Paul Rand is a little gap on my bookshelf. Princeton Architectural Press’ recent reprint of his 1985 monograph A Designer's Art (complete with obligatory afterword by Steven Heller) pretty much lives on my desk these days.Read More
Good crikey, just look at this poster for Alien: Covenant. I've actually been working on a little Alien-related personal project of my own recently, and just when I think I'm halfway happy with it … this appears. How am I supposed to compete with this? It's as if Rodin took the afternoon off and asked HR Giger to finish off The Gates of Hell in his absence. Stunning/infuriating.
Tula Lotay's poster for Olivier Assayas’ Personal Shopper is rather lovely, isn't it? Love that lettering. As if being a bit good with a pen wasn't enough, it turns out that Lotay is also the brains behind Thought Bubble (Leeds' excellent annual comic art festival) and creative director of splendid comic shop Travelling Man. Lord only knows when she finds time to sleep. Check out her shop for more of this sort of thing.
The black and white – sorry, black and chrome – version of Mad Max: Fury Road is finally coming to the big screen this April (a good excuse to appreciate Changethethought's wonderful heavy-type poster). It may seem like a trivial adjustment, but going black and white can change a film in unexpected ways. For example, Frank Darabont's superior cut of The Mist feels more like a particularly excellent episode of The Outer Limits. And if you watch Saving Private Ryan or Raiders of the Lost Ark with the colour turned right down, it somehow seems more realistic, closer to the imagery of the era that we're most familiar with. Anyway, this is apparently George Miller's preferred version of the film, so it'll be interesting to see how it differs. It looks wonderfully, appropriately oily.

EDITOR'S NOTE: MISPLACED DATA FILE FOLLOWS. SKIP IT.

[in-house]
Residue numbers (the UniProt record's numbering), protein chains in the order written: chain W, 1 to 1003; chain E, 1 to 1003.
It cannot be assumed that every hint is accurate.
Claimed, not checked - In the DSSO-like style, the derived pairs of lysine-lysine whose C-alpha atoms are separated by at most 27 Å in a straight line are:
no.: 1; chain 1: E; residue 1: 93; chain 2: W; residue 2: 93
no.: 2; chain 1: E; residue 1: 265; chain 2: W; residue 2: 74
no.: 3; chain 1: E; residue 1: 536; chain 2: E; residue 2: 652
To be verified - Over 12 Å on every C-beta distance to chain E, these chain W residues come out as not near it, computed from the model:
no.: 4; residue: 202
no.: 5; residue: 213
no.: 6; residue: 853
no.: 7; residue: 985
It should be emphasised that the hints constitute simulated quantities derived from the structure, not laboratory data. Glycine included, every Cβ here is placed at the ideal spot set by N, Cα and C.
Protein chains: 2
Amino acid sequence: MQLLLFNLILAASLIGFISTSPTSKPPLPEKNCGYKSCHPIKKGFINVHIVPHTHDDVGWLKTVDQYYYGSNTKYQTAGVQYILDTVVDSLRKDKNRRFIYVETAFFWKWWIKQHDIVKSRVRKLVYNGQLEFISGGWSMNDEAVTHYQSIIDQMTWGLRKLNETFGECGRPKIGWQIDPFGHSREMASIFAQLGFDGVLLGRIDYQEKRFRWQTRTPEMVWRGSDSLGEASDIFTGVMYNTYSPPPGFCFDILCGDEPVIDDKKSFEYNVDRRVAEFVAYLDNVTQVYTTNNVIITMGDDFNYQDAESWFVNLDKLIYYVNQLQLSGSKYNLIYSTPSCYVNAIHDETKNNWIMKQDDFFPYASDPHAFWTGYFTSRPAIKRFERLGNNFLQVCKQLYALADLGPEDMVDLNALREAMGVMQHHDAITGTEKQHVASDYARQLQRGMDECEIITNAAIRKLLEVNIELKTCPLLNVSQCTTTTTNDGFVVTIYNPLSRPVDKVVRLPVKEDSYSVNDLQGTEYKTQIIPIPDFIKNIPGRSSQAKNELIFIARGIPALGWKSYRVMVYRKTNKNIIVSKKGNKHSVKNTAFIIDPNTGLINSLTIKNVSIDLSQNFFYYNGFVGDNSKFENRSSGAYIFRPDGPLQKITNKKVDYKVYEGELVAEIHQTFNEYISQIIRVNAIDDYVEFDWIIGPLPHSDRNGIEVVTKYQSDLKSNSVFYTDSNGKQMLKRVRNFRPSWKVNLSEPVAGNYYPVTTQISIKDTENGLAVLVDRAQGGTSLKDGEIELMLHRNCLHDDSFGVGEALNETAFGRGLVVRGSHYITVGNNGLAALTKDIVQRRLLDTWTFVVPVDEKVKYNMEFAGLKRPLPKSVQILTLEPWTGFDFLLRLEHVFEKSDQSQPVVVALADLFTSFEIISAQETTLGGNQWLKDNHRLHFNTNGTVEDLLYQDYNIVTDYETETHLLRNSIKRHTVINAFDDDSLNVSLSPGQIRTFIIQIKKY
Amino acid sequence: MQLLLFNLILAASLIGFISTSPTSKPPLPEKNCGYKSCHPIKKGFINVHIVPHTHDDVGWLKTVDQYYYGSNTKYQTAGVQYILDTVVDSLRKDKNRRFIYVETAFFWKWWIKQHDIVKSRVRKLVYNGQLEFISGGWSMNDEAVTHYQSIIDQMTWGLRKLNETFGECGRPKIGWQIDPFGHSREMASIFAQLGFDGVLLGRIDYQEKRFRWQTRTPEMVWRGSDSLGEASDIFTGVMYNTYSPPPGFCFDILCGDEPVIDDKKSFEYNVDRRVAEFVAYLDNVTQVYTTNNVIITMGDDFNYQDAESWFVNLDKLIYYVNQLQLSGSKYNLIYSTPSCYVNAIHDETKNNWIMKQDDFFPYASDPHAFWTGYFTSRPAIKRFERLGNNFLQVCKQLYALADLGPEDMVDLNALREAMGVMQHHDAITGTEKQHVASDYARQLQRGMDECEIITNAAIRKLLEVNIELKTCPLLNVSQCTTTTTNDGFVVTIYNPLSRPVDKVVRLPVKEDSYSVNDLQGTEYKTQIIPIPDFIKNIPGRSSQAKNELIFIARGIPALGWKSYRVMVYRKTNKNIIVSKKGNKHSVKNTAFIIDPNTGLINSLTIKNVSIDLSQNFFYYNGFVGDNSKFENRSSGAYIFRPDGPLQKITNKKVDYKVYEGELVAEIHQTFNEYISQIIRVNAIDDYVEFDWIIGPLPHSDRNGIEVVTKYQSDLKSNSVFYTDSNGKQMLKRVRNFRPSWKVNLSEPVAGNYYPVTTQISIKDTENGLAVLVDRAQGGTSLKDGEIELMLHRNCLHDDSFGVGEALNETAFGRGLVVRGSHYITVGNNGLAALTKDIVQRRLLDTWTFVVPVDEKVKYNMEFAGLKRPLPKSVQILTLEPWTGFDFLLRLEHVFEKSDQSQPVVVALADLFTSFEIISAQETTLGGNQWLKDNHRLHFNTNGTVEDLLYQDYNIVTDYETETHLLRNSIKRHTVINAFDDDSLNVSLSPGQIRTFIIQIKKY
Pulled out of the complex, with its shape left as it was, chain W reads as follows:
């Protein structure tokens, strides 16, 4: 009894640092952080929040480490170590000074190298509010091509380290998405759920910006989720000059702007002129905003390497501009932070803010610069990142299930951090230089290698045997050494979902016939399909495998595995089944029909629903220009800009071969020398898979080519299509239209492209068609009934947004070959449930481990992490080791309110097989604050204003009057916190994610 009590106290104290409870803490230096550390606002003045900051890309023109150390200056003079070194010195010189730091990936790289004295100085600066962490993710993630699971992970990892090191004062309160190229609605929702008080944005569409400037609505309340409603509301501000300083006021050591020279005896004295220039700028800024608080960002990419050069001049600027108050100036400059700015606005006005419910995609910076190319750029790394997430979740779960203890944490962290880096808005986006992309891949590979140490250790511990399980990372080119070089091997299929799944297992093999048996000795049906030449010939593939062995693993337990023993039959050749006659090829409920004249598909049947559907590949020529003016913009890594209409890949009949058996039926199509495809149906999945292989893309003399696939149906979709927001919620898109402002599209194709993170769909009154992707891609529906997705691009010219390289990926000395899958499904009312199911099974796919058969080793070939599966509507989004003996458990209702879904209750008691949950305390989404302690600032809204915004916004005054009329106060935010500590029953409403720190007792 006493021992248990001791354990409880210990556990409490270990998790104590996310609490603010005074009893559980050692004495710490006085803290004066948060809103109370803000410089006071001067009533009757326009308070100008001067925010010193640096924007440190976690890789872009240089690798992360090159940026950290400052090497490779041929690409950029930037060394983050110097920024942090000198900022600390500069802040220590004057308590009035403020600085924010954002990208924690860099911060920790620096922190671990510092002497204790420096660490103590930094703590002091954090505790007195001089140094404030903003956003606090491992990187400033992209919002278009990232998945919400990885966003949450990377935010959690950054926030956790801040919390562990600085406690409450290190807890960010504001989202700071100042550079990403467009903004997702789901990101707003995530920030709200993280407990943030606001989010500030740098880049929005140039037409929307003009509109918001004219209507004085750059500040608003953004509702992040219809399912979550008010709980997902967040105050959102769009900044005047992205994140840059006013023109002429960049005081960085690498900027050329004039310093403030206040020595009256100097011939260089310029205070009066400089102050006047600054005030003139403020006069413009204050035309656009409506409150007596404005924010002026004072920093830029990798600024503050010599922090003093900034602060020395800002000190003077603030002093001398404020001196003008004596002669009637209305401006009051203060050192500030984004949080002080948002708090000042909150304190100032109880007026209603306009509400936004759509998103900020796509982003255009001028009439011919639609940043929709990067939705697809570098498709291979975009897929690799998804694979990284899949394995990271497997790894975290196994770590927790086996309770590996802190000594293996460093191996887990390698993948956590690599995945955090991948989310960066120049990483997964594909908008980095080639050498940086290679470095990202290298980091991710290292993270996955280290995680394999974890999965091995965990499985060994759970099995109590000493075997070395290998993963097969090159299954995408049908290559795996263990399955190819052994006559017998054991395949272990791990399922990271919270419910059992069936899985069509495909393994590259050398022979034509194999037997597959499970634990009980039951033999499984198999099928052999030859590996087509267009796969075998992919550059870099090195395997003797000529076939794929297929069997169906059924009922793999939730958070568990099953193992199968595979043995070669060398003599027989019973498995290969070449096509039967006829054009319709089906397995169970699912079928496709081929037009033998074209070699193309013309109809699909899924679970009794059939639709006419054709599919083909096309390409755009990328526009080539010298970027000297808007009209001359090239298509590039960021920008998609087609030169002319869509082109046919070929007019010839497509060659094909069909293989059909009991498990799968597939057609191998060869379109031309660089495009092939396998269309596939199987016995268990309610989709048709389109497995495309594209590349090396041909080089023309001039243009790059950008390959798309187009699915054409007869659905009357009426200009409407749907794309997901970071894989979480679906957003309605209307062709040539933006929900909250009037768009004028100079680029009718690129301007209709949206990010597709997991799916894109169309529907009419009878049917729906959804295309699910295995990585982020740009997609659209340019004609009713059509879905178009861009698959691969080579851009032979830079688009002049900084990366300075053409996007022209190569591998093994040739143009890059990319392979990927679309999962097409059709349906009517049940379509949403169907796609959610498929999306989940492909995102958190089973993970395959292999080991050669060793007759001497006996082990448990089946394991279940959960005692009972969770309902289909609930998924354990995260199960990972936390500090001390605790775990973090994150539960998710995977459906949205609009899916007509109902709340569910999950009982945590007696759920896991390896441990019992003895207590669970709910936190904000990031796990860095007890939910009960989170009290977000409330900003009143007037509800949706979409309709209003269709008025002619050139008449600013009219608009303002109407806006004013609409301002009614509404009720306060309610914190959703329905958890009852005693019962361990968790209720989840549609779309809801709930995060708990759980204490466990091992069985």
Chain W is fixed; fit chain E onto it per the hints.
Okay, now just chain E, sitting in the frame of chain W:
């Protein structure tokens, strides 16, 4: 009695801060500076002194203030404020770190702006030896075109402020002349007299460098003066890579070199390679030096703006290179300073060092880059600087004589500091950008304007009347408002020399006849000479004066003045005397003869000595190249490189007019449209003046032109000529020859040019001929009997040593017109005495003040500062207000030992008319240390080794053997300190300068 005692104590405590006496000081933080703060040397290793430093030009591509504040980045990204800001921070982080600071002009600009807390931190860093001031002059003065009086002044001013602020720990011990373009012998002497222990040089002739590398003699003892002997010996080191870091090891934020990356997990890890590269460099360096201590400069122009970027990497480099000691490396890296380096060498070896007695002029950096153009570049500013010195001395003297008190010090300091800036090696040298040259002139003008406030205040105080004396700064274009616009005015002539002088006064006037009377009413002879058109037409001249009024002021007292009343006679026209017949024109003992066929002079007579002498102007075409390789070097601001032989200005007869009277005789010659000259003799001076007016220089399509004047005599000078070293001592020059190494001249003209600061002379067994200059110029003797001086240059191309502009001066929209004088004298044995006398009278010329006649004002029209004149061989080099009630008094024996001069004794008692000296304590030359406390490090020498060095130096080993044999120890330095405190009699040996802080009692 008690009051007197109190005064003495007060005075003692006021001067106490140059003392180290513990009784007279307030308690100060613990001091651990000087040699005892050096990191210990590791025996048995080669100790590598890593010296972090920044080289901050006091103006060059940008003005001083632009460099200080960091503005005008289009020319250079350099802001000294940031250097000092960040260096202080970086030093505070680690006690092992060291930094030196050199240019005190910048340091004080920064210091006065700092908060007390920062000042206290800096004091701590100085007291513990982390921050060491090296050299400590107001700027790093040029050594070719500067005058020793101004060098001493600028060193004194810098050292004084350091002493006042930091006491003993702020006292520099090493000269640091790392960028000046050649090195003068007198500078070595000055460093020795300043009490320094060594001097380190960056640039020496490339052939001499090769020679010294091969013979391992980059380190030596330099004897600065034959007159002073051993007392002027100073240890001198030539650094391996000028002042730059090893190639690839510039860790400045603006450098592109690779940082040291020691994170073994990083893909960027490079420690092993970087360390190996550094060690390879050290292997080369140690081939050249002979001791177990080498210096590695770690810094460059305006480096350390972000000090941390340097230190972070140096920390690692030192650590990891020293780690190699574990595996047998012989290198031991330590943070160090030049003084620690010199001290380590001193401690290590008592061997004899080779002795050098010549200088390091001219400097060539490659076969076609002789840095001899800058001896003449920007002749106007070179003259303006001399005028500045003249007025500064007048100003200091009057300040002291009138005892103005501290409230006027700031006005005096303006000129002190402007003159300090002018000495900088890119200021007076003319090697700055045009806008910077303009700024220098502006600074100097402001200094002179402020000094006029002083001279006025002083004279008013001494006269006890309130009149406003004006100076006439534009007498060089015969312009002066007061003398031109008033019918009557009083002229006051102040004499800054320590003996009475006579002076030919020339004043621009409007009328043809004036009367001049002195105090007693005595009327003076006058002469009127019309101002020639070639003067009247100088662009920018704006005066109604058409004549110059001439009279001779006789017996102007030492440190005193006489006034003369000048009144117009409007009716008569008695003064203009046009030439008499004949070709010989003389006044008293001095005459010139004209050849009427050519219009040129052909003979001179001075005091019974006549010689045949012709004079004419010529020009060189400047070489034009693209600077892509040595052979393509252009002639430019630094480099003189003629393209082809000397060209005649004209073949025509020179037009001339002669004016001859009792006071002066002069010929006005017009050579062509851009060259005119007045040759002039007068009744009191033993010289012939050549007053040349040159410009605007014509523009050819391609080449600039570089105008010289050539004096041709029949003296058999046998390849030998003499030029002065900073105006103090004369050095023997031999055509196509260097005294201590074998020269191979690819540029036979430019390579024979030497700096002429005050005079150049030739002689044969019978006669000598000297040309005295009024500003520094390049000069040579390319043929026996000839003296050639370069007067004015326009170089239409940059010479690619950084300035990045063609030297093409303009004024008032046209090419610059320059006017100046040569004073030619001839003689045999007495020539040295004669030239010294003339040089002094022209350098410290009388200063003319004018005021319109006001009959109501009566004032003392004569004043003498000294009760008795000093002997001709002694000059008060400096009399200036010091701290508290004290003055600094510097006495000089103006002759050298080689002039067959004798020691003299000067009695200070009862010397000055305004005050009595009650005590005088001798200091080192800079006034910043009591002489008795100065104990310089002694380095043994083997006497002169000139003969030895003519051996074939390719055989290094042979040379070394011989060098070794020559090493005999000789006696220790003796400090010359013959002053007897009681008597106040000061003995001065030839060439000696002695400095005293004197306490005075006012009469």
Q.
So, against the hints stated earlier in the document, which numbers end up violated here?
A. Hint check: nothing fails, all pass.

As commercial art produced to sell another form of commercial art, film posters can often be crass, repetitive, disposable. They’re just adverts to convince you to sit in a dark room for a couple of hours, right? They’re all about big floating heads, questionable quotes from reviewers, mugging comedians accompanied by bold red text on white backgrounds, right?Read More
When it comes to contemporary film-related design, Neil Kellerhouse is head and shoulders above pretty much everyone else at the moment. I just love this poster for Side Effects. It immediately brings to mind Farrow's iconic pharmaceutical packaging for Spiritualized's Ladies and Gentlemen We Are Floating In Space, and yet doesn't come across as a conceptual rip-off. Maybe it's the red – I'm a sucker for red.
As for the film itself, I really enjoyed it. I went into it knowing little more than what's on the poster (I've been trailer-abstinent for almost two years now), and found it thoroughly entertaining and thought-provoking in equal measures. Yet another great turn from Steven Soderbergh. Hopefully not – as he has suggested – his last.
So yes, poster and film: highly recommended. Just try not to get too distracted by Rooney Mara's post-Dragon Tattoo awksfringe.
The lady wife and I usually head to Somerset House around this time of year for one of their fantastic open-air film screenings – highlights from the last few years include Goldfinger, Alien and Tremors. Giving it a miss this year though (apparently sticking a nine month-old on cold stone in pouring rain for a few hours is a big no-no), but I'd still like to get my hands on one of these limited edition prints that HelloVon has produced to accompany the screening of The Loved Ones.
I know next to nothing about the film, but that is just great picture; like a really, really good Little White Lies cover. Who says you need to like a film to appreciate the artwork, anyway? I despised Funny Games, but the poster is one of the best bits of printy niceness that I own.
Never Let Me Go is definitely one of my films of 2011 (yes, it's that time of year again – out come the best of lists …), so when Paul Willoughby tweeted up a picture of Carey Mulligan from a recent Little White Lies photo shoot, I thought it'd make for a nice poster. So here it is.
And yes, I realise she doesn't actually have that hairstyle in the film, but lets just ignore that for now, shall we? I can't be expected to keep up to date with every single actor's hair-do. Just trying to stay abreast of Nicholas Cage's barnet alone would be a full-time job.